Could endless fitness adverts featuring young women with well-toned bodies be putting others off getting more active? The organisation responsible for getting Britons more active believes the answer is a definite yes, and it’s taking action.
Sport England recently surveyed women about their attitudes to getting fit, the message was clear. Nearly two in three confirmed that social media images that only ever show young, toned bodies put them off getting involved in sports or joining a gym.
The organisation has decided the answer is getting more images of people of different sizes used in the media. To help the process, it has launched a copyright-free image library featuring shots of women of all body shapes, ages and background working out and playing sport. The library backs up its latest tv advert for its “This Girl Can” campaign which shows women of all shapes and sizes keeping active during lockdown.
Encouraging diversity with free images
This shift to more realistic pictures celebrating women of all ages, backgrounds and body sizes will remind many of the work Dove has done with its “Real Beauty” campaign. It also fits in with the advertising industry’s embracing of diversity through initiatives, such as the Unstereotype Alliance. It aims to end harmful gender stereotypes in advertising, such as women typically being portrayed undertaking household chores.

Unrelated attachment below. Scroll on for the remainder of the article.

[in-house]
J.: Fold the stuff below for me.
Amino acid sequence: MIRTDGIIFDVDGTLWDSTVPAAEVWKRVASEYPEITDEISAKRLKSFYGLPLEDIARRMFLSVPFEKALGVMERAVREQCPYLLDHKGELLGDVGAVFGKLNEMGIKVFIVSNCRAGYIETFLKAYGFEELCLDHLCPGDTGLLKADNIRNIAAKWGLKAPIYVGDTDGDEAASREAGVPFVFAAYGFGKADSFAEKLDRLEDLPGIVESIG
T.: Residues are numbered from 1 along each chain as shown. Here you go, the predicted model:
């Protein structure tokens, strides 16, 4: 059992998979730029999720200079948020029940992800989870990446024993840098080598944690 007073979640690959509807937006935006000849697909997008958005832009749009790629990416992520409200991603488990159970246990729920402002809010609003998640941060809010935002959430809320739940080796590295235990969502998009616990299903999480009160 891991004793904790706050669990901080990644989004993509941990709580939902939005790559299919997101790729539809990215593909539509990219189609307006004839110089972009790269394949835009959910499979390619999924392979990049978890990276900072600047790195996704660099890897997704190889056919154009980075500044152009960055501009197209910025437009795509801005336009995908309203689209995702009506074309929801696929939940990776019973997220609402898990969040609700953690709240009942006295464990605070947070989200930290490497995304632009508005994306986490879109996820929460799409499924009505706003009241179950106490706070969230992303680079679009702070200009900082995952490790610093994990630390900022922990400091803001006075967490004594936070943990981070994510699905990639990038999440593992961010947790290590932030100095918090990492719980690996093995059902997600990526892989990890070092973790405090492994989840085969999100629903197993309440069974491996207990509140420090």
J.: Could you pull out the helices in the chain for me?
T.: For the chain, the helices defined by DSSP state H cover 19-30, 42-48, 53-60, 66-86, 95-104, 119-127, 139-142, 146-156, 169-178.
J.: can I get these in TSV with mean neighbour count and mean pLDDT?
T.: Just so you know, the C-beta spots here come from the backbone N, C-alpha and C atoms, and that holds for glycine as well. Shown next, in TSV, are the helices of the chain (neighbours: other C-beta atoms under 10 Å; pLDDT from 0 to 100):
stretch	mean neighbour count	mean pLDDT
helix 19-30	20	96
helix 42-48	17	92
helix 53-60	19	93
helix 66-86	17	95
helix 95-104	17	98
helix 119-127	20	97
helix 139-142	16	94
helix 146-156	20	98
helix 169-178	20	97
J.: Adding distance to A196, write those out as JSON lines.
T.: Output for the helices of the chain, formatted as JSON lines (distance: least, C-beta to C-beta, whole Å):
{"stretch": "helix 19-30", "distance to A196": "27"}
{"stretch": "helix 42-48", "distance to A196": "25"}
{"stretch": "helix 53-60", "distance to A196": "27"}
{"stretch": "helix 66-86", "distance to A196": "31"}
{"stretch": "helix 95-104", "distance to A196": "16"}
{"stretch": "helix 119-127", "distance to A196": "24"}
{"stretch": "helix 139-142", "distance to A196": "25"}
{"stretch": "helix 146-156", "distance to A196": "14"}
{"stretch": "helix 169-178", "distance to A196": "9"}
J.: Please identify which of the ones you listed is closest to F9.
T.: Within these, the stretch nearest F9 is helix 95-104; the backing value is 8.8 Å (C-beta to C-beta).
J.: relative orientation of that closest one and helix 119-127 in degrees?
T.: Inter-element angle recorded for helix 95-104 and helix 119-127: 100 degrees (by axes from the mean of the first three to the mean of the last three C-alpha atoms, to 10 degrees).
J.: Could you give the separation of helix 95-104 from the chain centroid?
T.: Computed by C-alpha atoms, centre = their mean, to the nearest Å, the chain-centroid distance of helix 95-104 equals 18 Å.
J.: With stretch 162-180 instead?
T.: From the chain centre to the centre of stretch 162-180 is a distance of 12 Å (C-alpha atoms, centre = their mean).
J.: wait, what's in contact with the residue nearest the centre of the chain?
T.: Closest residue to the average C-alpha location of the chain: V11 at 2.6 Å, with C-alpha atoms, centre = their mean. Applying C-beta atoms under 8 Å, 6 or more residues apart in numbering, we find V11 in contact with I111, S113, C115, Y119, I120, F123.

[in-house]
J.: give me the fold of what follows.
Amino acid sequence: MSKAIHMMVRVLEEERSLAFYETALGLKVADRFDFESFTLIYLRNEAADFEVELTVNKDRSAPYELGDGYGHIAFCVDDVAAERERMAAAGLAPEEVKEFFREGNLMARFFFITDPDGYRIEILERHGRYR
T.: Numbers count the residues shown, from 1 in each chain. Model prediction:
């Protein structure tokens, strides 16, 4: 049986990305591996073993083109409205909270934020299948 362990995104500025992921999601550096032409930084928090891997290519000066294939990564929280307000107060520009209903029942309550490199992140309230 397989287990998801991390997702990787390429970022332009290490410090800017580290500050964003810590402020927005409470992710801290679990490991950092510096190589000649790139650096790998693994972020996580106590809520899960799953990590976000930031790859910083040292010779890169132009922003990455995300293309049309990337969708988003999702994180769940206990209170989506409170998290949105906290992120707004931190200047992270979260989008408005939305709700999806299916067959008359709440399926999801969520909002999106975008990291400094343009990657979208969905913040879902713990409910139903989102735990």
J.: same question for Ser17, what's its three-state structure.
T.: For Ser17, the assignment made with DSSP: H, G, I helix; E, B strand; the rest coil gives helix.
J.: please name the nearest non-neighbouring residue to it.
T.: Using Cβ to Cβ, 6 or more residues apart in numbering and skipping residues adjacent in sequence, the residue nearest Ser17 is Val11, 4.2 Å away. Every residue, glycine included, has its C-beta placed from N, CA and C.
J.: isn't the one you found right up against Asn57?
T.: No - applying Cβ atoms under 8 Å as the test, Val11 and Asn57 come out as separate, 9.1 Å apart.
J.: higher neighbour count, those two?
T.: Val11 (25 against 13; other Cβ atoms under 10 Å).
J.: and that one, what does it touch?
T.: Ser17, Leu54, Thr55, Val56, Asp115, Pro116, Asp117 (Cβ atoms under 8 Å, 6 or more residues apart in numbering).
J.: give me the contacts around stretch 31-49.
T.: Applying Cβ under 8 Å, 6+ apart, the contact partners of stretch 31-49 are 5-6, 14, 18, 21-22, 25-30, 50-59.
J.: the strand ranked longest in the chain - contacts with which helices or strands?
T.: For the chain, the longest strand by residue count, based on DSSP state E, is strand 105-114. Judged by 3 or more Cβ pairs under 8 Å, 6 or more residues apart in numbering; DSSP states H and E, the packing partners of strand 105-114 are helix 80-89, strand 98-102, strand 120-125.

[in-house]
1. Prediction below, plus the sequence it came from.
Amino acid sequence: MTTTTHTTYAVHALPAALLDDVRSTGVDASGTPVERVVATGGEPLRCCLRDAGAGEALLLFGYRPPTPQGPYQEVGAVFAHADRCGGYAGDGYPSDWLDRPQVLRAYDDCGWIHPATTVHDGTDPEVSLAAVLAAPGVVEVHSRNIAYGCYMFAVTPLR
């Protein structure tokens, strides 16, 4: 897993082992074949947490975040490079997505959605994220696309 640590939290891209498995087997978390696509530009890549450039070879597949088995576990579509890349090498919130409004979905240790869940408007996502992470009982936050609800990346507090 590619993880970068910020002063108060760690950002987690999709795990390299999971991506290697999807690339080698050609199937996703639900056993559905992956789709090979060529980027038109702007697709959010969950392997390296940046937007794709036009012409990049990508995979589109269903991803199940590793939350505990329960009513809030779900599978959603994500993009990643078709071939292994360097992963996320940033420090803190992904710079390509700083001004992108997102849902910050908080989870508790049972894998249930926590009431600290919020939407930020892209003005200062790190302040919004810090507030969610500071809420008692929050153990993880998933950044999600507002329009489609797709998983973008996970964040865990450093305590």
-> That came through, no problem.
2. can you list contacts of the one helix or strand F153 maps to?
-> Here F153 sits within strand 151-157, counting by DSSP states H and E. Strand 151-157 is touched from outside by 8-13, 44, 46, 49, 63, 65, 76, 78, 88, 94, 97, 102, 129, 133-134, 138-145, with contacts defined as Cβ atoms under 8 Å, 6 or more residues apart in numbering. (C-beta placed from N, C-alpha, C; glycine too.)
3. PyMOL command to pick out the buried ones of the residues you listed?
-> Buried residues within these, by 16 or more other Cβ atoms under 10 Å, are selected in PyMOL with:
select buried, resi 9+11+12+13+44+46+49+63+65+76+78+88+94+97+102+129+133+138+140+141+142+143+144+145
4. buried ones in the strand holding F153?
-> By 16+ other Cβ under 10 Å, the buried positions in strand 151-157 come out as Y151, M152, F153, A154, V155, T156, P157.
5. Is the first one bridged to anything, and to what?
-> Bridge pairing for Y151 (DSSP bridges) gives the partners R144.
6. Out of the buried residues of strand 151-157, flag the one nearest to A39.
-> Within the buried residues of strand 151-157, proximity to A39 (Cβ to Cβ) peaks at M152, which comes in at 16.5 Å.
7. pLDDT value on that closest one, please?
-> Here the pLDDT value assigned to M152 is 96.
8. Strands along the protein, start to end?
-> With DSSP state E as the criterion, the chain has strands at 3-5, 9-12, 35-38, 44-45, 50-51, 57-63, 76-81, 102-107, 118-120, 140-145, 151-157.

Similarly, Sport England is hoping to increase diversity by changing the public’s perception of who can participate in fitness activities and sports. By making its inclusive image library free to use, Sport England hopes using social media influencers, bloggers, journalists and brand marketers will be encouraged to look beyond the stereotypical shots of well-toned, young women.
The misperception such images cause can undo the hard work put in by Sport England in boosting inclusivity in fitness, according to Kate Dale, the campaign lead for the “This Girl Can”.
“We know there are barriers women have to exercise, fears of judgement and feeling that they will fail,” she said. “We are encouraging behavioural change, which can be difficult if women’s misconceptions are often reinforced on a daily basis by the imagery they view in media, advertising and online.”
Featured image: Sport England